“Let them come to terms with this in their own way,” the therapist has said. “Give them some room to express their feelings.”

In the closet are cubes built to organize shoes and ward off chaos, but the perfectly spaced shelves stand barren. Your children, with reckless abandon, have haphazardly thrown their shoes onto the floor of the closet that you had once been fastidious about. 

You want to lecture your children about their carelessness.   


You want to throw your own shoes into pile of sneakers, ballet slippers, and baseball cleats and slam the door. 


You want to throw the woman that is laughing in your kitchen into the closet and slam the door. 


You want to organize the closet and put things where they belong. 

You want to put things back. 

But instead, he closes the door of the closet that desperately needs rearranging while you jam your hands in your pockets, muttering something about holding on to things, and wait to be invited inside a life that is no longer yours. The man that used to be your husband gestures silently in the direction of the kitchen, as though you might have forgotten.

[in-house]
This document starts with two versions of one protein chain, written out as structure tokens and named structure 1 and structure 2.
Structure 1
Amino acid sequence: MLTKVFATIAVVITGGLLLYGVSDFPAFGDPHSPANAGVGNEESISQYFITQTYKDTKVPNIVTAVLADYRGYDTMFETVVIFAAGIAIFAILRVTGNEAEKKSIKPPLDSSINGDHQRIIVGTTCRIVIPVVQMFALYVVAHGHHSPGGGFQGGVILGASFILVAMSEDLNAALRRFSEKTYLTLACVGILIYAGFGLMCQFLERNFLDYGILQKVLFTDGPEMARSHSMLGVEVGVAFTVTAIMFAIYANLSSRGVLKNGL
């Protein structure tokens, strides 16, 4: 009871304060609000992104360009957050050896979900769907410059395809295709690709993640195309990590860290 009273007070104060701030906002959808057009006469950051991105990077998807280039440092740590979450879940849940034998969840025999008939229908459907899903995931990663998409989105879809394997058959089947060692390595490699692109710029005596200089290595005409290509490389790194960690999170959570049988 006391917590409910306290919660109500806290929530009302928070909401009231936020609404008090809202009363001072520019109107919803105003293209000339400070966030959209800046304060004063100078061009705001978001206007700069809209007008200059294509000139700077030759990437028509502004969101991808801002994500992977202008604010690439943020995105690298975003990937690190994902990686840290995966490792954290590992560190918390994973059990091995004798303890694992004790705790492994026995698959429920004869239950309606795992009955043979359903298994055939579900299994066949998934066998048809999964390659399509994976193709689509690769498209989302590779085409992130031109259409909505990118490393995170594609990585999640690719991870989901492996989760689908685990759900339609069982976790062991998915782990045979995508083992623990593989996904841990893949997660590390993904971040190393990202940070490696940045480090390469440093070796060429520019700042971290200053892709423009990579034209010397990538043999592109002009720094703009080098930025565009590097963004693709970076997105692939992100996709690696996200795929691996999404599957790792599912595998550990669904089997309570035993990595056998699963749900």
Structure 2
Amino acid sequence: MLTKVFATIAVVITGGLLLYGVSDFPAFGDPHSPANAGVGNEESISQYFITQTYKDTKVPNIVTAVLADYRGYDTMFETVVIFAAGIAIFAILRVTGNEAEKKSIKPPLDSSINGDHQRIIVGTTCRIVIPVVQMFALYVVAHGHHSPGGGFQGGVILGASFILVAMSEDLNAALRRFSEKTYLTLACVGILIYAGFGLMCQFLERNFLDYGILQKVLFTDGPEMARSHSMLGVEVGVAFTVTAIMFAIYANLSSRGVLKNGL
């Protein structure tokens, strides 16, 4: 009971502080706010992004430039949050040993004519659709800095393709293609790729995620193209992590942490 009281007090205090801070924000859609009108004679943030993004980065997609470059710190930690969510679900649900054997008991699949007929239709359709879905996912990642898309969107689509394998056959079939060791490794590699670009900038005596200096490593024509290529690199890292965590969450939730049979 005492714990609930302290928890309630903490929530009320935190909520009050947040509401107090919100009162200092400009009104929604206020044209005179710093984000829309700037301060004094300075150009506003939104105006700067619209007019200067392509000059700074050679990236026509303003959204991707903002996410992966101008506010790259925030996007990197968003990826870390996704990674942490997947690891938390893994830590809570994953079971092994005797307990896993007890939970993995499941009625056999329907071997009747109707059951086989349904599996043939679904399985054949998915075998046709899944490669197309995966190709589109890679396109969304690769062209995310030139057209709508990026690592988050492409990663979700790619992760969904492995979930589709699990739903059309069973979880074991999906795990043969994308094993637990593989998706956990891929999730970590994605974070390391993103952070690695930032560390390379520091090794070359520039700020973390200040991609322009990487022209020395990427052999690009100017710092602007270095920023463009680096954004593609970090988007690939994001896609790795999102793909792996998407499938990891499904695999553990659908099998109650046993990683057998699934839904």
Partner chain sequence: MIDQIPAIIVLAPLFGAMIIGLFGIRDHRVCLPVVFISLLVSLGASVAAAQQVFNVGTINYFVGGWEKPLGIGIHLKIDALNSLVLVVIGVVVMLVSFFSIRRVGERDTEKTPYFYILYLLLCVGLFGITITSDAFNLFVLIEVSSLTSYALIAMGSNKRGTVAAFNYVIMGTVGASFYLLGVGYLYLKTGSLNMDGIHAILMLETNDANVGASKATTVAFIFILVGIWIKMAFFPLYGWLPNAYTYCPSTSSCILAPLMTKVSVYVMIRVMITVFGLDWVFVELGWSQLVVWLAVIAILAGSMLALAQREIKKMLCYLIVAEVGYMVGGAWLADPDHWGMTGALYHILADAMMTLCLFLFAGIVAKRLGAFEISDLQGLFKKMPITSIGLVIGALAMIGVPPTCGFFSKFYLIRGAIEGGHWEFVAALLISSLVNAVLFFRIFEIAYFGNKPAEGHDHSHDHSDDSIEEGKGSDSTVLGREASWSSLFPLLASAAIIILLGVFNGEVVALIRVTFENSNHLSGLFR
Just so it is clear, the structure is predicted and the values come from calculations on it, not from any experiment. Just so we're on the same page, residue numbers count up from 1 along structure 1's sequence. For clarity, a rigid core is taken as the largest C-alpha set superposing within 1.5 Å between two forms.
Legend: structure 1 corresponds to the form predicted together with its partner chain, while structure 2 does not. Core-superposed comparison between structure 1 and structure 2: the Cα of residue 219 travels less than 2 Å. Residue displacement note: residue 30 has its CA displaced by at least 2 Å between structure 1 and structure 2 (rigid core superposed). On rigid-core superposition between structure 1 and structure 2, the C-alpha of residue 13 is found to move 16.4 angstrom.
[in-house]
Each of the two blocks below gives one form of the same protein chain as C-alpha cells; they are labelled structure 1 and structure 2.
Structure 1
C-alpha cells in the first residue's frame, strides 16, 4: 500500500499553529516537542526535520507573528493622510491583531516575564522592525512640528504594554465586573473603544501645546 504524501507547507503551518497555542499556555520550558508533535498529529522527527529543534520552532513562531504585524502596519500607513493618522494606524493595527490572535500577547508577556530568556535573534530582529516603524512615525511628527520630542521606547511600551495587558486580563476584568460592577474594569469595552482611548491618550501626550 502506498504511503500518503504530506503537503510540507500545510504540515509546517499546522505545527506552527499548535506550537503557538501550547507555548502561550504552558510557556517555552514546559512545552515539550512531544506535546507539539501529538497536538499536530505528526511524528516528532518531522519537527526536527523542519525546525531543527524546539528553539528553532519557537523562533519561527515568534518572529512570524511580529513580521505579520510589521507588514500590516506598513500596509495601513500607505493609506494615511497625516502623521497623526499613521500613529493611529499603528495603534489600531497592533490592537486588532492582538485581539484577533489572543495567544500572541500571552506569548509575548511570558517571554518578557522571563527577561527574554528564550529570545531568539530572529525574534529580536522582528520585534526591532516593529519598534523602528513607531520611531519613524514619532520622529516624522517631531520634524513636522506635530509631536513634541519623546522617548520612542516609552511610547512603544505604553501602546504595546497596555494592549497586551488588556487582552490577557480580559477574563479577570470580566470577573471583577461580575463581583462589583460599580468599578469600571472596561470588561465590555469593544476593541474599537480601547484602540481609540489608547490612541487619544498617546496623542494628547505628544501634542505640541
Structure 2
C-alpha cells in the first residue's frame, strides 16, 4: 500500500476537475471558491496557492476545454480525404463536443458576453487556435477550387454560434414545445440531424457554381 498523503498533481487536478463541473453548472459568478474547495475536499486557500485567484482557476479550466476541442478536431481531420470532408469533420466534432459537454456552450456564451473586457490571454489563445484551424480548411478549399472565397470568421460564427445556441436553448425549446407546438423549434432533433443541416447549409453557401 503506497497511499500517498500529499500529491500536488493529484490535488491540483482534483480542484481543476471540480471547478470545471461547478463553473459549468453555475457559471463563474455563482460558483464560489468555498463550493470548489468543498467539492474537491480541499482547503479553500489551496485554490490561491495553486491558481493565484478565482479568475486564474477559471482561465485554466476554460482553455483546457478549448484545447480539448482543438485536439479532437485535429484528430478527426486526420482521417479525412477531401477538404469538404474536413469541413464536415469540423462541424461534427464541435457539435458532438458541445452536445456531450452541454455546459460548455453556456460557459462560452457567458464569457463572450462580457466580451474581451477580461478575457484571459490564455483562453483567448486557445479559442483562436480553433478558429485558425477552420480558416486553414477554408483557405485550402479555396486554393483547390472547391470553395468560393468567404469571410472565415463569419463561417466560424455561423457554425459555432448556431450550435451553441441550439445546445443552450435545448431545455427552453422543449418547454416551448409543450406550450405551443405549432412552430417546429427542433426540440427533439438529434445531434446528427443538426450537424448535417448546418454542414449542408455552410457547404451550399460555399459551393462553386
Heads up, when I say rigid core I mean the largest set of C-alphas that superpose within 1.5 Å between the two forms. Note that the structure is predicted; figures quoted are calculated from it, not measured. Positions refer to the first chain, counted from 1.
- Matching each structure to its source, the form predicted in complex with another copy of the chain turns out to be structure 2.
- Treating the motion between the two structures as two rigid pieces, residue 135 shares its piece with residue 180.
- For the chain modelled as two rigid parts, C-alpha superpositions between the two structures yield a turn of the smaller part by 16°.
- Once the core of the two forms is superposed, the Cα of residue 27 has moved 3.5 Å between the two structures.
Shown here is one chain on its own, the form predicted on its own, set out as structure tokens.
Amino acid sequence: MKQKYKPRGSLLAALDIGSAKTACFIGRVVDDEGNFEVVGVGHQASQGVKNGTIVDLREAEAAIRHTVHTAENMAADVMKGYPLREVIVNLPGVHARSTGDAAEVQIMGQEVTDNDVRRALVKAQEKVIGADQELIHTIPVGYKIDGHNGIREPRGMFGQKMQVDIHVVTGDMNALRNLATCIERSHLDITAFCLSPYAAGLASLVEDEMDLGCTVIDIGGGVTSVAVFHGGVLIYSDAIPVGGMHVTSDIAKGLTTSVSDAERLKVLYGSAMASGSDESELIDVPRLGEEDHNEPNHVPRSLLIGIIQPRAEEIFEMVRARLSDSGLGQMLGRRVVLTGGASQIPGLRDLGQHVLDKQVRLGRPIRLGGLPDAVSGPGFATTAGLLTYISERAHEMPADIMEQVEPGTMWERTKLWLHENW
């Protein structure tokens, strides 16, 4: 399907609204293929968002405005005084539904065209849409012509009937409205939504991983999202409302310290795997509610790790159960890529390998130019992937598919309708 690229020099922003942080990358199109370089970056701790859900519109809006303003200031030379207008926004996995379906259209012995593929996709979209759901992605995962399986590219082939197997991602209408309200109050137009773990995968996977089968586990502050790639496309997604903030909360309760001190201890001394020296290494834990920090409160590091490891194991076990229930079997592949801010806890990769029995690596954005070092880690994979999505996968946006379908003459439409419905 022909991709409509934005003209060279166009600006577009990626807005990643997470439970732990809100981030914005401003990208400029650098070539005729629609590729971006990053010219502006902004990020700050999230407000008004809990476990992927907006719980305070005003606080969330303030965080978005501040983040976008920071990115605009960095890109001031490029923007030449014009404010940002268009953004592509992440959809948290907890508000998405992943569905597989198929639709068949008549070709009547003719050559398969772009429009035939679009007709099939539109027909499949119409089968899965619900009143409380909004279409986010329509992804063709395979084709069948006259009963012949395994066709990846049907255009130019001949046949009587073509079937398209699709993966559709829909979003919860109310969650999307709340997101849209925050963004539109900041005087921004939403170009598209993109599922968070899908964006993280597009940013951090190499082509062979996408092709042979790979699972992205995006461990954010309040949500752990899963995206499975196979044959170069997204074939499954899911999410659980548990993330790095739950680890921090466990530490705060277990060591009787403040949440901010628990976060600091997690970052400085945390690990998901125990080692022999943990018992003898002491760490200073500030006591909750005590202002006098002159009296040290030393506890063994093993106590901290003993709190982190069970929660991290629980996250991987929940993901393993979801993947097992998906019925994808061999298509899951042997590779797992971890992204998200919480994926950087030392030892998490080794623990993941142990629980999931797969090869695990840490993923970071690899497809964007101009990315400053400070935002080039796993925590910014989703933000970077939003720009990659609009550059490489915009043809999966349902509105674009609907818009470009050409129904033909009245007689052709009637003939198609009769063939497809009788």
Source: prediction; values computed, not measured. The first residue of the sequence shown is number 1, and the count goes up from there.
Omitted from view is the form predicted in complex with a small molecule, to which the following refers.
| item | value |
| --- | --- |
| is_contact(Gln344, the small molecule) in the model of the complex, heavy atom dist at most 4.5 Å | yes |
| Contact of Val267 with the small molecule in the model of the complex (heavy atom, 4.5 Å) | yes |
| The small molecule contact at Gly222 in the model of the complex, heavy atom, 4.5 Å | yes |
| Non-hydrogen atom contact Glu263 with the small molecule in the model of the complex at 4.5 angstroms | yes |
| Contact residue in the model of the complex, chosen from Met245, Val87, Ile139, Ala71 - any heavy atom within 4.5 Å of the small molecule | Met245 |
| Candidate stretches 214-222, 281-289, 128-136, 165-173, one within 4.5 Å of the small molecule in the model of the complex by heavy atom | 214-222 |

Then you’re there in the same room with her. She’s cradling a shepherd’s pie with oven-mitted hands while she stands in what used to be your kitchen. She is unassuming and gentle and you hate her with a passion that makes the heat pouring from what used to be your oven seem temperate. “Smells nice,” you say inanely, cheeks burning with the keen awareness that you are empty handed. 

“The Birthday Boy’s favorite!” she grins at you, ludicrously. As though you don’t know that it is your son’s birthday. As though you don’t know that shepherd’s pie is your son’s favorite meal. But he’s not your son anymore, and his sister is not your daughter, and they are no longer your kids because they are now the kids.